Europe’s banks are growing increasingly angry over the stress tests being run by European regulators, complaining that the process has been excessively rigid, with damaging changes to the exercise rushed through at the last minute.
The tests, the results of which are due to be announced next week, have been in preparation since March, but banks are furious that less than a month ago they were forced to rerun the stress scenarios along far tougher lines than had been originally suggested.
Bankers and analysts believe that up to a dozen banks may fail?the tests,?most in Spain, Germany and Greece.
One listed Spanish bank said: “There’s a feeling they want some Spanish banks to fail to make it look like they are being tough.” Executives at some of the biggest banks, such as BNP Paribas, Deutsche Bank and Barclays, have also been critical, irked that the European Banking Authority, which is running the process, initially asked banks to make their own risk assessments before imposing scenarios last month.
Last month, Jochen Sanio, head of German regulator BaFin, was publicly critical of the EBA, accusing it of acting “without legal authority?...?or legitimacy”.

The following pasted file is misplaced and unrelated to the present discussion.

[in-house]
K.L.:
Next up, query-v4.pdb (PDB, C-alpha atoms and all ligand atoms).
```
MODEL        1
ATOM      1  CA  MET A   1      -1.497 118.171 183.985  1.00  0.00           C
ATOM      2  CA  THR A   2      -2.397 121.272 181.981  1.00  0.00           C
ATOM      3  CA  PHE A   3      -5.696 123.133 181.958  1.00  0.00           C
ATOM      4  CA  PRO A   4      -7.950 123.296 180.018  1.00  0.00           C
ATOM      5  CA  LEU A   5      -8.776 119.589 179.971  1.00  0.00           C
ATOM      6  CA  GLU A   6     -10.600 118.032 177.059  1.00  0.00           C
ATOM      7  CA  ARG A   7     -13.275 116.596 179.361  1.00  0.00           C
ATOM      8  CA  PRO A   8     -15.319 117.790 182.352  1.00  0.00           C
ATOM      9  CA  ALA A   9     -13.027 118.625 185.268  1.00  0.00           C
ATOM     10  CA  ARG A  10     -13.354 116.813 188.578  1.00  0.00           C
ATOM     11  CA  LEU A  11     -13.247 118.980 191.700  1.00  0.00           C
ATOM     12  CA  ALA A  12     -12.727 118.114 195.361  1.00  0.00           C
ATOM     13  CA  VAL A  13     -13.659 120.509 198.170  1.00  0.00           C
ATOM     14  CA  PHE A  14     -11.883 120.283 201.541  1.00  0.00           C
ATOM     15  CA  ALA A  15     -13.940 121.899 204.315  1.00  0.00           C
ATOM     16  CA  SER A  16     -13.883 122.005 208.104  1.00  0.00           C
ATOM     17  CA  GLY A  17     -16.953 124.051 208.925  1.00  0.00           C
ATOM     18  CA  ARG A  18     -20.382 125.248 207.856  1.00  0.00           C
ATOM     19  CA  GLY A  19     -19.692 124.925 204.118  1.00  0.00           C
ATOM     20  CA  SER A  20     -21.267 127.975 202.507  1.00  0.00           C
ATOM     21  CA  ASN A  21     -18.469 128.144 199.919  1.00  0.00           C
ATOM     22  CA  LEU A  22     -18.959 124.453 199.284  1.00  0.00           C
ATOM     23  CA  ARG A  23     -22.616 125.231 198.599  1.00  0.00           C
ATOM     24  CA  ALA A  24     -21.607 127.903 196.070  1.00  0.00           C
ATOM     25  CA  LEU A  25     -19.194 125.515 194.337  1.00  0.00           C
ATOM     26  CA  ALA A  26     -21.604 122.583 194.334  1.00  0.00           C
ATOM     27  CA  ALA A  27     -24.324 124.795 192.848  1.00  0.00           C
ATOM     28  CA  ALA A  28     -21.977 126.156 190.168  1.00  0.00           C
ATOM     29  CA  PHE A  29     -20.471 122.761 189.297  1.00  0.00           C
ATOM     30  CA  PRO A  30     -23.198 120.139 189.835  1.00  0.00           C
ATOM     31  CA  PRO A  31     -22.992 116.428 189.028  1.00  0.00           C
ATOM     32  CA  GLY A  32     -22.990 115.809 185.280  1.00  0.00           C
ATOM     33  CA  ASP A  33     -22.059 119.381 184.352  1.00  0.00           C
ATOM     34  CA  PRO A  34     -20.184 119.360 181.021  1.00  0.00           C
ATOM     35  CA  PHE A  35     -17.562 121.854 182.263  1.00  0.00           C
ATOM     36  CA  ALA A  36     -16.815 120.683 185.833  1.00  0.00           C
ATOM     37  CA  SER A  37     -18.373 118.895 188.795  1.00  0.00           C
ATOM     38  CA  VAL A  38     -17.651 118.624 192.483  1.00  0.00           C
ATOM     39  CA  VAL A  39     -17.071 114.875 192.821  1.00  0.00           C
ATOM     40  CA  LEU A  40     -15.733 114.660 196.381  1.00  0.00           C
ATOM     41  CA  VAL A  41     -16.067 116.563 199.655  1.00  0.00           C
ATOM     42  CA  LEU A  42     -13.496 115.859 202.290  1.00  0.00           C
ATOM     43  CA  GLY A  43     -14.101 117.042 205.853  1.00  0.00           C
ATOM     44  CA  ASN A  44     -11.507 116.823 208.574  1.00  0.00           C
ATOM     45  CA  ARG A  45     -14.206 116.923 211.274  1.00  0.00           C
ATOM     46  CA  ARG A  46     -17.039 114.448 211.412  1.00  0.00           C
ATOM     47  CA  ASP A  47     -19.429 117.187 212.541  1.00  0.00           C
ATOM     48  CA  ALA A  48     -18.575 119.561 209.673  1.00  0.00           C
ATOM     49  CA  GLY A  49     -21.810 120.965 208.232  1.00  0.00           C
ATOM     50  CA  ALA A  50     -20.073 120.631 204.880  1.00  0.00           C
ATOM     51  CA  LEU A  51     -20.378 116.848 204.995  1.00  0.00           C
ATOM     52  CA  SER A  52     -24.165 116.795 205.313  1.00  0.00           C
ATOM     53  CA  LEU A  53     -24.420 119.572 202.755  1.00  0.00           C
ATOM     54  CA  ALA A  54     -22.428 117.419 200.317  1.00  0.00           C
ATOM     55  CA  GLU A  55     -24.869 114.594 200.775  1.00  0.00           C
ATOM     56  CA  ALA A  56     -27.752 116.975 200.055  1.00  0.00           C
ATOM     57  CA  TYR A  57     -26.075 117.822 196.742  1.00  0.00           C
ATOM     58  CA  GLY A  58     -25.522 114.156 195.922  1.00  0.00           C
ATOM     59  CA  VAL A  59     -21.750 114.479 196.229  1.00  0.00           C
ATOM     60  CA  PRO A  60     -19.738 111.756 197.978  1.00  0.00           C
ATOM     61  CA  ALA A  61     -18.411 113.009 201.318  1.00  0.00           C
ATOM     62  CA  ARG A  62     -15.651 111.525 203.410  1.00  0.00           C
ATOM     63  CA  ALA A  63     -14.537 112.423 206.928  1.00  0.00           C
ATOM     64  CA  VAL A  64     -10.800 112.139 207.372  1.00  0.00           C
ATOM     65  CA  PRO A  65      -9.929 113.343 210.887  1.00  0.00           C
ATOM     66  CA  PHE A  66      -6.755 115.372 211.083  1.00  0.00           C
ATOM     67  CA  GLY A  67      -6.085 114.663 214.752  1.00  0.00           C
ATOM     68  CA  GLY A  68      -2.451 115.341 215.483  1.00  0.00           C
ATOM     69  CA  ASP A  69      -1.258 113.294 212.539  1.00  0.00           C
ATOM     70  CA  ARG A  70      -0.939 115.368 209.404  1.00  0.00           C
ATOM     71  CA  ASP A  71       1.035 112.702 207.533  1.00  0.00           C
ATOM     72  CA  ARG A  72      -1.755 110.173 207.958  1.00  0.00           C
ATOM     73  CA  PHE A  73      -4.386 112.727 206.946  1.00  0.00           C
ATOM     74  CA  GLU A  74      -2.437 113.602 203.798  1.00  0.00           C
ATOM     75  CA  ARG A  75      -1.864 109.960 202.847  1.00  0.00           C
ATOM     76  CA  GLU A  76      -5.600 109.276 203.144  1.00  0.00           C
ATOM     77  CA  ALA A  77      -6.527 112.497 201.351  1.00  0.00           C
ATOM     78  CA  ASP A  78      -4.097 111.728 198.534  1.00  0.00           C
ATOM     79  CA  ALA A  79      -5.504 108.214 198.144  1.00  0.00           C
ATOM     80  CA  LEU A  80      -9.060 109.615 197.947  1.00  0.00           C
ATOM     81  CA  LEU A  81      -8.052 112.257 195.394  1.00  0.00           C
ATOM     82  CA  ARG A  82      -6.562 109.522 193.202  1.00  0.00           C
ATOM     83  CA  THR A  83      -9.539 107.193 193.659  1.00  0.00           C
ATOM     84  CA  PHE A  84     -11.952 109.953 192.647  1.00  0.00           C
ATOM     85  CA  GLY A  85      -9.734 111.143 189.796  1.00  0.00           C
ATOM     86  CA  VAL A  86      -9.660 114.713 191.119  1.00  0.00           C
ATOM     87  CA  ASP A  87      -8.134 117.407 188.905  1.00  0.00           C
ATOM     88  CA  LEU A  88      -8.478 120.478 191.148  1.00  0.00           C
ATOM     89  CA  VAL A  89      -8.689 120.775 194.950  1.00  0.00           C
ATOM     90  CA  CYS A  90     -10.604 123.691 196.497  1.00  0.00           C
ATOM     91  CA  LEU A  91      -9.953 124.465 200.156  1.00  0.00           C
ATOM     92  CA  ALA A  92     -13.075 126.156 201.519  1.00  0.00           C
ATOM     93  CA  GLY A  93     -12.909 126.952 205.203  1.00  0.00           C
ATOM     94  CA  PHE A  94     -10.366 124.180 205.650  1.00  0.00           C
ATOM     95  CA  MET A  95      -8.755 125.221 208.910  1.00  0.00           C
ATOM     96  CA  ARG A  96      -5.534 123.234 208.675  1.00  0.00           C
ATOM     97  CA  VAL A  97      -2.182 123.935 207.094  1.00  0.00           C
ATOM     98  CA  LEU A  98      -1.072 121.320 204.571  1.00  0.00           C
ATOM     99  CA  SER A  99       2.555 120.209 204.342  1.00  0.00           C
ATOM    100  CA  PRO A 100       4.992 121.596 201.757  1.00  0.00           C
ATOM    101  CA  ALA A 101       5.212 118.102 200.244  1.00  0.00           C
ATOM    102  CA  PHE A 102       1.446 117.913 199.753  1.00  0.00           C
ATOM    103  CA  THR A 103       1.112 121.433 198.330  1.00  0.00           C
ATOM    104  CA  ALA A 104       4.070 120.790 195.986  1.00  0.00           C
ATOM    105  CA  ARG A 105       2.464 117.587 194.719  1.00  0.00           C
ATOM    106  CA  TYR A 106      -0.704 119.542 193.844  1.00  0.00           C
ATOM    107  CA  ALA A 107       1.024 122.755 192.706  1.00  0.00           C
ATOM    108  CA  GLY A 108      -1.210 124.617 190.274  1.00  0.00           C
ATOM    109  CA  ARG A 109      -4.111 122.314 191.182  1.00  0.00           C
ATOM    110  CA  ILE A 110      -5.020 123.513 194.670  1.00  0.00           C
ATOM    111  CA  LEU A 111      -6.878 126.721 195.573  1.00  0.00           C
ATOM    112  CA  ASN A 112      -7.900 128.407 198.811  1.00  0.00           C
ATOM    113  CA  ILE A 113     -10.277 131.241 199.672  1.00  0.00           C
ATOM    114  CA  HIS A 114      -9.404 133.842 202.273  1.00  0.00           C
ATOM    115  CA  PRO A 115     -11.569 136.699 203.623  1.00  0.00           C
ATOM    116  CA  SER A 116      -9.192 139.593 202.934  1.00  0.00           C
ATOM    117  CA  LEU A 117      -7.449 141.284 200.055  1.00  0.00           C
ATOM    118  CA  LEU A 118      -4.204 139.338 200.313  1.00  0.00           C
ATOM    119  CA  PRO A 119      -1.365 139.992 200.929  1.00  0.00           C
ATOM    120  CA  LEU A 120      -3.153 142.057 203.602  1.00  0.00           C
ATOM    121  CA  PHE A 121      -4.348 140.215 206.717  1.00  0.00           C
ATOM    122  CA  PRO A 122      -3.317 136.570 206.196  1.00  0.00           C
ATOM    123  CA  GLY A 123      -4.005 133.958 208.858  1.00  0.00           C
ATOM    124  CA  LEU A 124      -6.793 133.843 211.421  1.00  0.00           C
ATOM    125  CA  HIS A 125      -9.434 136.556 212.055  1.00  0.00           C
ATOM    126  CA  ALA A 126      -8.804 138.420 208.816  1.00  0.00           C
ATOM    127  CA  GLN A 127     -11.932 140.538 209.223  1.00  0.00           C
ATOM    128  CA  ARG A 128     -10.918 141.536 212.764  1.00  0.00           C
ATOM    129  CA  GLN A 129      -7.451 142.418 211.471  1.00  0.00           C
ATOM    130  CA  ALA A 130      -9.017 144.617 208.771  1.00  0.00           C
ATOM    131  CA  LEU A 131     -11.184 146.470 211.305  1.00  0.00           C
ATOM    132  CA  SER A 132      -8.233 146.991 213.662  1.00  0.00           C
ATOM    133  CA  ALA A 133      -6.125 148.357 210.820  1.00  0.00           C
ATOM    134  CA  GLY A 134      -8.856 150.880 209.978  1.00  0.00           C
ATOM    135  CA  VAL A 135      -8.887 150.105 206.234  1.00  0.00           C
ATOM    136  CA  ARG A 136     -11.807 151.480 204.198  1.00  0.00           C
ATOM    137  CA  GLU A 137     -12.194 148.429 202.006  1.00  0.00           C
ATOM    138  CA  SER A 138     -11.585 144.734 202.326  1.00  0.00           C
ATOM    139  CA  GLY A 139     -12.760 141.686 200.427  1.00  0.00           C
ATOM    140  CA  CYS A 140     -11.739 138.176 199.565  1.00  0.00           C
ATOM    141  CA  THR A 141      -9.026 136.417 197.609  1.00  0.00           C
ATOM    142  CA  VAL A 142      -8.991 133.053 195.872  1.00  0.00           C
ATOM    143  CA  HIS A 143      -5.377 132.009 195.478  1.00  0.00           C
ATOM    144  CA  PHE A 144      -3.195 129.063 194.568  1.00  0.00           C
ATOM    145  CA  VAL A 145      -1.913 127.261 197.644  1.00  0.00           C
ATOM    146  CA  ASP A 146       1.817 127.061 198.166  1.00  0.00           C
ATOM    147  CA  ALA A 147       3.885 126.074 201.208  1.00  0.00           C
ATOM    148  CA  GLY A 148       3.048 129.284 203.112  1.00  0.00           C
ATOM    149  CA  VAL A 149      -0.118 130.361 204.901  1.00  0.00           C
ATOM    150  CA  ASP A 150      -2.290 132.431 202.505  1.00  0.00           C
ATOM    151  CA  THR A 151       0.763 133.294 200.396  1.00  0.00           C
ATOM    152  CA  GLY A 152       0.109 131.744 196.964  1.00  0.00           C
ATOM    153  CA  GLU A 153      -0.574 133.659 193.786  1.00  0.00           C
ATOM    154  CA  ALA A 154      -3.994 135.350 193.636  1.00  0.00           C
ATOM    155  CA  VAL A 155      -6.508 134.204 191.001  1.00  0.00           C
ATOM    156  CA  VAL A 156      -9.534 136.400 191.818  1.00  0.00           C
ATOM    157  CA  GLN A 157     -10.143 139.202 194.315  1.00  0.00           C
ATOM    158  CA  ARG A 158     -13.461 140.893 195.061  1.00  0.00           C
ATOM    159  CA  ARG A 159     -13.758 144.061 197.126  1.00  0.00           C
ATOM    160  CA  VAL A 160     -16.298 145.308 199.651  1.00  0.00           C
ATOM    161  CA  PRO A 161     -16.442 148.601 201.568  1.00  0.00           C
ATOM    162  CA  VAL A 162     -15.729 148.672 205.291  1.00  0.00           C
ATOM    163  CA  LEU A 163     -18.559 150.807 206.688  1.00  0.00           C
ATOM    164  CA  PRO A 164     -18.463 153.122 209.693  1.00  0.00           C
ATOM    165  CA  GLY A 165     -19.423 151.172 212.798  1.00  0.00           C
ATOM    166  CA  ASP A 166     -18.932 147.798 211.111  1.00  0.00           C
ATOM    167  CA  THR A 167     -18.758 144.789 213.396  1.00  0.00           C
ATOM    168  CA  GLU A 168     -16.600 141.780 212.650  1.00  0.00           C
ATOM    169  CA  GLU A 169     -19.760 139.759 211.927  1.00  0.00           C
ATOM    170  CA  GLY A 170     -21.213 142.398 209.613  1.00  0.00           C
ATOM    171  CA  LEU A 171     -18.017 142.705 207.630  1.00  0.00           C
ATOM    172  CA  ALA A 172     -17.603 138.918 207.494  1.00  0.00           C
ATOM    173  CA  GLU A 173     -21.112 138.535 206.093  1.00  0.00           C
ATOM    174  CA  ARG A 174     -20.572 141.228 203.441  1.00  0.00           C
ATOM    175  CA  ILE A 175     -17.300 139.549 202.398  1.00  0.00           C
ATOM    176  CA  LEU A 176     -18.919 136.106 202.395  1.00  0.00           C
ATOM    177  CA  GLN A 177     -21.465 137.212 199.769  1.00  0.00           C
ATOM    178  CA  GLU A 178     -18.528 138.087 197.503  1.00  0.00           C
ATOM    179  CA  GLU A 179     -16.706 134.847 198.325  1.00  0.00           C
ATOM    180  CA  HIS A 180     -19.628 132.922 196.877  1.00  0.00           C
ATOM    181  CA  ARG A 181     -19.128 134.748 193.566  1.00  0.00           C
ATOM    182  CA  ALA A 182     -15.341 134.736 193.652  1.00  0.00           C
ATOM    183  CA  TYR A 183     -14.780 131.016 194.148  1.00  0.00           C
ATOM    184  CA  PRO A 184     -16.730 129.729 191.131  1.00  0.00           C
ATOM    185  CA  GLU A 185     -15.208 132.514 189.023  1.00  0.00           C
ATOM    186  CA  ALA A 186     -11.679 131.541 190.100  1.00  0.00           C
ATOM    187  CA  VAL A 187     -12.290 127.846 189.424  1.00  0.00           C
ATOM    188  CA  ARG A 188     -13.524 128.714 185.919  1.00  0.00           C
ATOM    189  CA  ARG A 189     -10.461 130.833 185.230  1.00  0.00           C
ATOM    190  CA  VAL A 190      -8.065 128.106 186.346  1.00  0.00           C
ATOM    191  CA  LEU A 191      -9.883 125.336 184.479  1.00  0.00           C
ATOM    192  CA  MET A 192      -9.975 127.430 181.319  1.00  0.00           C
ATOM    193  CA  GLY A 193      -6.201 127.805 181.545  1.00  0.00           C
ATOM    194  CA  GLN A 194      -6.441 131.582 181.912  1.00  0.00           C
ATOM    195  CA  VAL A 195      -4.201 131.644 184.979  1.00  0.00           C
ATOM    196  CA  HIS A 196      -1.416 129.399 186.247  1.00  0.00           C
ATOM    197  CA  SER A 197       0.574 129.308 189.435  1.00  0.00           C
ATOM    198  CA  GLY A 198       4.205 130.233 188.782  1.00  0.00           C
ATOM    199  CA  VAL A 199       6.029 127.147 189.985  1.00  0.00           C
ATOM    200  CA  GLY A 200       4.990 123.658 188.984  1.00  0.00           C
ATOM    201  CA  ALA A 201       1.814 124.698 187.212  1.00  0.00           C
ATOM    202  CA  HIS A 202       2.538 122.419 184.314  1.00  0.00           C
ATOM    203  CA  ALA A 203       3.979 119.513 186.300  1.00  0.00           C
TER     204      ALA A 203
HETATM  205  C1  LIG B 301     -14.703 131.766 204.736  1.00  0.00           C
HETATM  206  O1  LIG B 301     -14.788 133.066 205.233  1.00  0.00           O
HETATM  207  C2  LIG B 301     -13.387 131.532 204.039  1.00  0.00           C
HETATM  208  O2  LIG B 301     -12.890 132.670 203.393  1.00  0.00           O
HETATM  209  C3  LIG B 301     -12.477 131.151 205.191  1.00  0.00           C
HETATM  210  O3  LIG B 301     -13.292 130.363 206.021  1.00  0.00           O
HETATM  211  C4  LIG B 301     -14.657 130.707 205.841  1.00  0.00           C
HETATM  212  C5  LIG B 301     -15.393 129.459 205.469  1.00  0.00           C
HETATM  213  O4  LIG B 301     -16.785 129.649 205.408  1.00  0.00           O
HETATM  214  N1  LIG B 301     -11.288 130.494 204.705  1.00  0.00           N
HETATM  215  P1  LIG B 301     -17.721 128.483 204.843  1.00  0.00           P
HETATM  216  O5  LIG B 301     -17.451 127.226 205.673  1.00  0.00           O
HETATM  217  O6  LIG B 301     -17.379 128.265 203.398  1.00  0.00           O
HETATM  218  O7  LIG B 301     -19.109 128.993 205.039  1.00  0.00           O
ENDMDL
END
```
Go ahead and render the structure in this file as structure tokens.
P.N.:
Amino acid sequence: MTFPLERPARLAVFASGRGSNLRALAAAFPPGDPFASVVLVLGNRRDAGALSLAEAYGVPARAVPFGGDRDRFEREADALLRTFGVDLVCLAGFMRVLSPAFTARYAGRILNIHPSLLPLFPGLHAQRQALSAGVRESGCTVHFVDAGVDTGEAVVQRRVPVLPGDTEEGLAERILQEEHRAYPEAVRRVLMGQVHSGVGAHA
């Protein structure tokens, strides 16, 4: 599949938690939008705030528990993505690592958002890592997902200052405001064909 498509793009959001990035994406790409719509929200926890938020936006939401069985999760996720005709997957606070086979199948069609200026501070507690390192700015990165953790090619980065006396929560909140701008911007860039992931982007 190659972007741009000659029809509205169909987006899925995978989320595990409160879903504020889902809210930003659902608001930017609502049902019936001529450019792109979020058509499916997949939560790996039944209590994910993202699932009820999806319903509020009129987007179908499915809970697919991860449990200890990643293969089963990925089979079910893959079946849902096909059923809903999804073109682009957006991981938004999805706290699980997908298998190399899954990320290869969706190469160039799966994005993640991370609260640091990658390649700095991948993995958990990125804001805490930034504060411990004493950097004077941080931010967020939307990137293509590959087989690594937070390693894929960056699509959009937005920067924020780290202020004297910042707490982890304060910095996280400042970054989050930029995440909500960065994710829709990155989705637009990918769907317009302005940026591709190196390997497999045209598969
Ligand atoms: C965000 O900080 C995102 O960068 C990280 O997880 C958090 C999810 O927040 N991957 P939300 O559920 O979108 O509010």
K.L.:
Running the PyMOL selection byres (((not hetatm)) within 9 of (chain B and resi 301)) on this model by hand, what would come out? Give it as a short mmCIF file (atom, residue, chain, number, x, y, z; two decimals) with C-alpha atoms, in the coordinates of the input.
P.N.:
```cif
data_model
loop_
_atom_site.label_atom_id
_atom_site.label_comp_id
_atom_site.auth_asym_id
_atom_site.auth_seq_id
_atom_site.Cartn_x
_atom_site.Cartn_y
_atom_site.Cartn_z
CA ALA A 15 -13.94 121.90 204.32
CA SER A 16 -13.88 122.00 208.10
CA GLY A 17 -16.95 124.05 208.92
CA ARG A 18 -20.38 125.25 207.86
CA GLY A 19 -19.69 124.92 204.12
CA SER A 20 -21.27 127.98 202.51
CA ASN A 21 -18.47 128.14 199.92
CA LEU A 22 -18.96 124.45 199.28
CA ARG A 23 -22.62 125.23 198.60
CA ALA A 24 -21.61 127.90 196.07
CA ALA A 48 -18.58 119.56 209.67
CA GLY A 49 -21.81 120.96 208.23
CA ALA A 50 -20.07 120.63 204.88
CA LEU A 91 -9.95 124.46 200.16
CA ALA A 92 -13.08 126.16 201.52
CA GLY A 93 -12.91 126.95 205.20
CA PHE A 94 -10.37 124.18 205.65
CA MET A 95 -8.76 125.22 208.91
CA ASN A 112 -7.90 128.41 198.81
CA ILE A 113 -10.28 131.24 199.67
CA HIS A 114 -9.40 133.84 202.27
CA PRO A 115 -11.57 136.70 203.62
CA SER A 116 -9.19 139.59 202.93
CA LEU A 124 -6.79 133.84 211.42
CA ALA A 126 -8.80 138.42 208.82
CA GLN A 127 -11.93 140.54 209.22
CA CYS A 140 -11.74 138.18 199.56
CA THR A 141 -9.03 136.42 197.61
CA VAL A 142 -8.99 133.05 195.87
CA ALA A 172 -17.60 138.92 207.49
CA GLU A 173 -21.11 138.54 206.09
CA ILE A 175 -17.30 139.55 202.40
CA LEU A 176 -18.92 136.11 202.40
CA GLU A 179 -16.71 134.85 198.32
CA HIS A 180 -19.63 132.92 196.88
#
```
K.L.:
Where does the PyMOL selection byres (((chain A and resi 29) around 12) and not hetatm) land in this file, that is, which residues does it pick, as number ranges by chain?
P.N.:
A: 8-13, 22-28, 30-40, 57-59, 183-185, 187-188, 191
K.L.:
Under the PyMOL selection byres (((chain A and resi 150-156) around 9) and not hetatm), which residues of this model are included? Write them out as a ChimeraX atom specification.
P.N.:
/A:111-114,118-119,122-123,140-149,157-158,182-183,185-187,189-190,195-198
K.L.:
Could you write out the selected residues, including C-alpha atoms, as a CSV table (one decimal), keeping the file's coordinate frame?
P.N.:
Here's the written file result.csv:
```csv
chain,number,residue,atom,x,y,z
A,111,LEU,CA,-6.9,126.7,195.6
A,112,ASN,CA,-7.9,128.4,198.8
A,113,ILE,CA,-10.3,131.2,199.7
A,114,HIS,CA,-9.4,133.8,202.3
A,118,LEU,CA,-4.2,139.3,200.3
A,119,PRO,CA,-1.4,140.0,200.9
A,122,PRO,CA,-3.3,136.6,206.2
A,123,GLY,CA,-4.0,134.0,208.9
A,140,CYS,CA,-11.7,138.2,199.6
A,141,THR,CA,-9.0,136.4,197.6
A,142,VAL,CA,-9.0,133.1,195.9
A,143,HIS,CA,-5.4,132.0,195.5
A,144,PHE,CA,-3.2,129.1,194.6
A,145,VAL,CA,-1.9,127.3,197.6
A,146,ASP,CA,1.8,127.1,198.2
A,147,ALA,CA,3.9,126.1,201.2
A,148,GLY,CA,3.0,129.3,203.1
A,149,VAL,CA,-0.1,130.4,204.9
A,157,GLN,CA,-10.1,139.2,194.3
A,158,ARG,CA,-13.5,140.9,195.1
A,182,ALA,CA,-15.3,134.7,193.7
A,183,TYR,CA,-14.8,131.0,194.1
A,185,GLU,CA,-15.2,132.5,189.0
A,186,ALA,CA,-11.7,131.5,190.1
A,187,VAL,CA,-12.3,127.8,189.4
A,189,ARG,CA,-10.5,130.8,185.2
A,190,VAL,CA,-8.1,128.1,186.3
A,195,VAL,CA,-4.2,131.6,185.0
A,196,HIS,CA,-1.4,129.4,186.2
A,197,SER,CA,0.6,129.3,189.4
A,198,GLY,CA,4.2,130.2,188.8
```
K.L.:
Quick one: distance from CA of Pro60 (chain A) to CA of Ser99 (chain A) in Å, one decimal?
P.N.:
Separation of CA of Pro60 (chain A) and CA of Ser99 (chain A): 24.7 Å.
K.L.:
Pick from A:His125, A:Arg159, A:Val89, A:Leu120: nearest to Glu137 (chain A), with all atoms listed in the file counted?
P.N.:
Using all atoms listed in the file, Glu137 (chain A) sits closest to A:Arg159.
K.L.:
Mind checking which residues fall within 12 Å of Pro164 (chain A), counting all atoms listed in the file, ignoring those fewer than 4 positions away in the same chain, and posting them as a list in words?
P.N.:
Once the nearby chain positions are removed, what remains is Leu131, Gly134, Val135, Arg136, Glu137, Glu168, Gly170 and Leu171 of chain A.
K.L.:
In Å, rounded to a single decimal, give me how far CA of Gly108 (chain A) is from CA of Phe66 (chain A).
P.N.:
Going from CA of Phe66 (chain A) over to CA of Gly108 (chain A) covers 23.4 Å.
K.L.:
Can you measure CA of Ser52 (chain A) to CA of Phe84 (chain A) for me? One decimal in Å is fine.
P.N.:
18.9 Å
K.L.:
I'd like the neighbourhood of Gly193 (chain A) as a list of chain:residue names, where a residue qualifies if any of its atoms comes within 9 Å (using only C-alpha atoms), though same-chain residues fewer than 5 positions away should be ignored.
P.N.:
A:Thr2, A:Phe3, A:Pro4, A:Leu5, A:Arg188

Banks in Spain and Germany are the most upset, complaining that the idiosyncrasies of their own national loan loss provisioning and capital standards have been ignored in the name of pan-European consistency – an absurdity, they say, when day-to-day responsibility for regulating banks remains national.
“It’s bloody difficult to compare banks on a European basis when they’re subject to different rules on a national basis,” said one senior German banker.
Spain’s cajas, or quasi-mutual savings banks, which have long been thinly capitalised, are worried that publication of the stress test results could disrupt plans to raise fresh funds.
“If we pass, that’s great,” said Enrique Goñi, co-chairman of Banca Civica.
“But if others in Spain don’t, that’s not very good news for us.” Civica, like local rival Bankia, is in the midst of an attempt to float.
The EBA, which has previously criticised the optimistic assumptions made by some banks in initial submissions, said it had called on banks instead to apply “conservatism and consistency”.